"The settlement rumoured to have been received by Ritchie is thought to have been the largest divorce settlement ever paid to a man, showing that in 2013, it isn't always the wives who get the divorce settlements," explains Stowe. "In recent years I have encountered a number of successful female breadwinners who were bewildered to discover what they faced to lose if they divorced."
Sir Paul McCartney's and Heather Mills: estimated at $48.6million (£28million)
Following their divorce in 2006 Heather Mills was awarded £24.3m in the settlement decided by a court judge. According to the BBC, McCartney paid his estranged wife a £16.5m lump sum, including £2.5m to buy a London property, in addition to £7.8m assets and £35,000 a year for their daughter Beatrice. The settlement was blow for Mills who had sought some £125m of the former Beatle's £400m fortune.
"The demolition of family law legal aid, which provided help with legal costs, has led to a boom in people representing themselves in court," explains Stowe. "Heather Mills represented herself in the High Court – and discovered for herself the disadvantages of doing so.
"In the courtroom, there are no prisoners taken. You may think you are saving money by representing yourself or opting for a cheap DIY divorce online – but such decisions can turn out to be expensive in the long run if you settle for less than you are worth. "
Donald Trump and Ivana Trump; $25 million (£16m)
The Trumps 15-year marriage came to an end in 1992, with Ivana taking $25million in an out-of-court settlement, plus several properties. The couple's old Mercedes proved a major sticking point, which Ivana – who claimed Donald had given it to her as a gift – eventually won.
"I have often observed that clients who are knowledgeable and well-prepared, with a realistic outlook, are better equipped to cope with proceedings and move on with their lives afterwards," explains Stowe. "Ivana Trump has a refreshing attitude and since divorcing has gone on to enjoy considerable success of her own as a real estate developer and as the founder of Ivana Haute Couture, which sells her signature products, fragrances and accessories."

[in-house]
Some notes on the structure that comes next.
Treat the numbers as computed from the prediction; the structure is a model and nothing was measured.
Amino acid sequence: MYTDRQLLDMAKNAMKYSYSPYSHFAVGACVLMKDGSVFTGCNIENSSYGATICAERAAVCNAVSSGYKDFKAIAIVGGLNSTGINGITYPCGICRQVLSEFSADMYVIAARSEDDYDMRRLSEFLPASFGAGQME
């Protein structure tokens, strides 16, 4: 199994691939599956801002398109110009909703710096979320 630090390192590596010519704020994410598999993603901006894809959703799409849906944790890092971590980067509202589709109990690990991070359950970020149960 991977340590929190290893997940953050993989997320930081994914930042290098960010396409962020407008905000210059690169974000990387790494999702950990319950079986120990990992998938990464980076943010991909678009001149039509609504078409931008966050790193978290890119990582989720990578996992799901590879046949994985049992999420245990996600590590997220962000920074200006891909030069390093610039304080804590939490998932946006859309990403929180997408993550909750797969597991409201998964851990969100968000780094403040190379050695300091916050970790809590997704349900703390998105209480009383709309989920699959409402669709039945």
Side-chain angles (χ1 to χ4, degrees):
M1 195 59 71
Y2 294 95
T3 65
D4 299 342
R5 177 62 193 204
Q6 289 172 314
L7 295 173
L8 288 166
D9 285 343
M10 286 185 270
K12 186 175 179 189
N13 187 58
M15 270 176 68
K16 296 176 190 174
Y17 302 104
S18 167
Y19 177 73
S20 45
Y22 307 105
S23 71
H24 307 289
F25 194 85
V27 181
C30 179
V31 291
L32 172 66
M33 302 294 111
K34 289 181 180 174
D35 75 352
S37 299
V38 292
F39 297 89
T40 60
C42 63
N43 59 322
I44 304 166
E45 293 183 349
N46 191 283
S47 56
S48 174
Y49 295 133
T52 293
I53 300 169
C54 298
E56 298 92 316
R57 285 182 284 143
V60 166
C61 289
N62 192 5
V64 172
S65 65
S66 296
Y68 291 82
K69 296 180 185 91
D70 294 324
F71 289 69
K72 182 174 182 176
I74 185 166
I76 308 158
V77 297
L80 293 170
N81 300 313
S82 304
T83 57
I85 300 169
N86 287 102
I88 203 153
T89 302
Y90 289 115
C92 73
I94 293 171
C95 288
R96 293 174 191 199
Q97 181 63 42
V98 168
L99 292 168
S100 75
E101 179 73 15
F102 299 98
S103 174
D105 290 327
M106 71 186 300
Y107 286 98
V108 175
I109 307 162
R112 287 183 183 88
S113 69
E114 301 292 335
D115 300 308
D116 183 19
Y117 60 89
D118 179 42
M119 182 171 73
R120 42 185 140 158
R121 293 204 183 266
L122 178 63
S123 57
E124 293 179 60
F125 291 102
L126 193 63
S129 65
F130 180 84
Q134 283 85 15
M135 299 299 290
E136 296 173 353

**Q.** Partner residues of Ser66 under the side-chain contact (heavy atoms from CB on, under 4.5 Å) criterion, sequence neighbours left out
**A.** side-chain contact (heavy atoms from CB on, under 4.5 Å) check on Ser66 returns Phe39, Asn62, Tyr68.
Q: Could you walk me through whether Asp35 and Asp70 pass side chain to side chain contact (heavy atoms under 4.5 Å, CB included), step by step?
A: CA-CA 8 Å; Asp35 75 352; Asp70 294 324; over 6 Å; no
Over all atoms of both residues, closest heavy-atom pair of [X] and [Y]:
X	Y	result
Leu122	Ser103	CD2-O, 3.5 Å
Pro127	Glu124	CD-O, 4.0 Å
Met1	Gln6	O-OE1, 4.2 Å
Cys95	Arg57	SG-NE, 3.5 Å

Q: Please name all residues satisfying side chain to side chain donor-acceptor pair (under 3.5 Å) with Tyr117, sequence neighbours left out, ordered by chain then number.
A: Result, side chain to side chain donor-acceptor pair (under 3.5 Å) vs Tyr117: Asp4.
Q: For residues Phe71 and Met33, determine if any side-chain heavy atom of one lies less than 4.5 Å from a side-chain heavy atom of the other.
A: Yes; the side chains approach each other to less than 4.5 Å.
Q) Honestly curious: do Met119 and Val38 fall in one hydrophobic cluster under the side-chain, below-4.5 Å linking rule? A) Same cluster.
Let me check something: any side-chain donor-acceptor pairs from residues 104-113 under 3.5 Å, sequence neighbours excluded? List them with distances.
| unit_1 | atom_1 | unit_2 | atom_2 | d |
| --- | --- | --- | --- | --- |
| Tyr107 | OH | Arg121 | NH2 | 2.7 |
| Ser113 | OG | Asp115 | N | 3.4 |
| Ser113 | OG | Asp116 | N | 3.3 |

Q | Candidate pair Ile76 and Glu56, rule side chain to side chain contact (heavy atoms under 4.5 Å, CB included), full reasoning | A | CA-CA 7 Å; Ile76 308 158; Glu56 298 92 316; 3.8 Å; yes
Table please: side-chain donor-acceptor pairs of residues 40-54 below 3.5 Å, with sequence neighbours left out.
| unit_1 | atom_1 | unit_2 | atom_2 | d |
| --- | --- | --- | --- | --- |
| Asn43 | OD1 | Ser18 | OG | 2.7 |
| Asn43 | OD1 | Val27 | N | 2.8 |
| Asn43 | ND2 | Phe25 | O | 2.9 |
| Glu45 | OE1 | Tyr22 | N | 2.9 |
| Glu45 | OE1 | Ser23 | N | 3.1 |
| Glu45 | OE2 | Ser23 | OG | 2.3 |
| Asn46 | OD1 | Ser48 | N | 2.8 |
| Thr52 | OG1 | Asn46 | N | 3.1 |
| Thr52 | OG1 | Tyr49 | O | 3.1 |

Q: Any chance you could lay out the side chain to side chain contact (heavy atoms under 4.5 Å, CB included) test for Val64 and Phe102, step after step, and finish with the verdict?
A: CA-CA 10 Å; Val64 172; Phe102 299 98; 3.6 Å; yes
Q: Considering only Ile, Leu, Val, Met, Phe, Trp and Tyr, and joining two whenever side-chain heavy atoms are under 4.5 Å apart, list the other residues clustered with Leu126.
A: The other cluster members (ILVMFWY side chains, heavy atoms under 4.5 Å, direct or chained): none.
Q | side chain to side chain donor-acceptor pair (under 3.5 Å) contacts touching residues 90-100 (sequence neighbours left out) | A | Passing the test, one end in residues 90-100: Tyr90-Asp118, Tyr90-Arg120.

Lionel Richie and Diane Richie; estimated at $20 million (£12m)
Richie married Diane in 1995 and the couple had two children, before their marriage broke down in 2004. The Richie's became tabloid favourites, reports Forbes magazine, as Diane detailed their lavish lifestyle in her alimony petition. Among her claims: a monthly clothing allowance of $15,000; $50,000 a month for manicures, massages and other personal services; and a plastic surgery budget of $20,000 a year.
"Richie rubbished Diane's demand as "a lawyer giving some advice that's completely absurd", and insisted that despite the headlines, the couple still had a "great time" together," explains Stowe. "Perhaps he was right: the couple have remained on good terms and were spotted shoe-shopping together in 2011. It is difficult for a divorcing couple to stay friends, irrespective of the settlement size, but it can be done."
Mick Jagger and Jerry Hall; estimated between $15 and $25 million (£9.6m-£16m)
After nine years of marriage, Mick Jagger and Jerry Hall divorced with a $25 million settlement. According to Celebritynetworth.com, Jagger attempted to get out of any payment by claiming they had never really been married because their Balinese Hindu wedding ceremony was not legally binding.
"Their ceremony was invalid because under Balinese law, only Muslim marriages can be validly conducted," explains Stowe. "When a couple's marriage is not valid according to English law, it is still possible for one spouse to obtain a financial settlement – but only if the Petitioner spouse thought he or she had actually gone through a lawful marriage ceremony and acted as married thereafter. If you plan to marry overseas, however, do avoid Jerry Hall's plight by double-checking the law before you leave."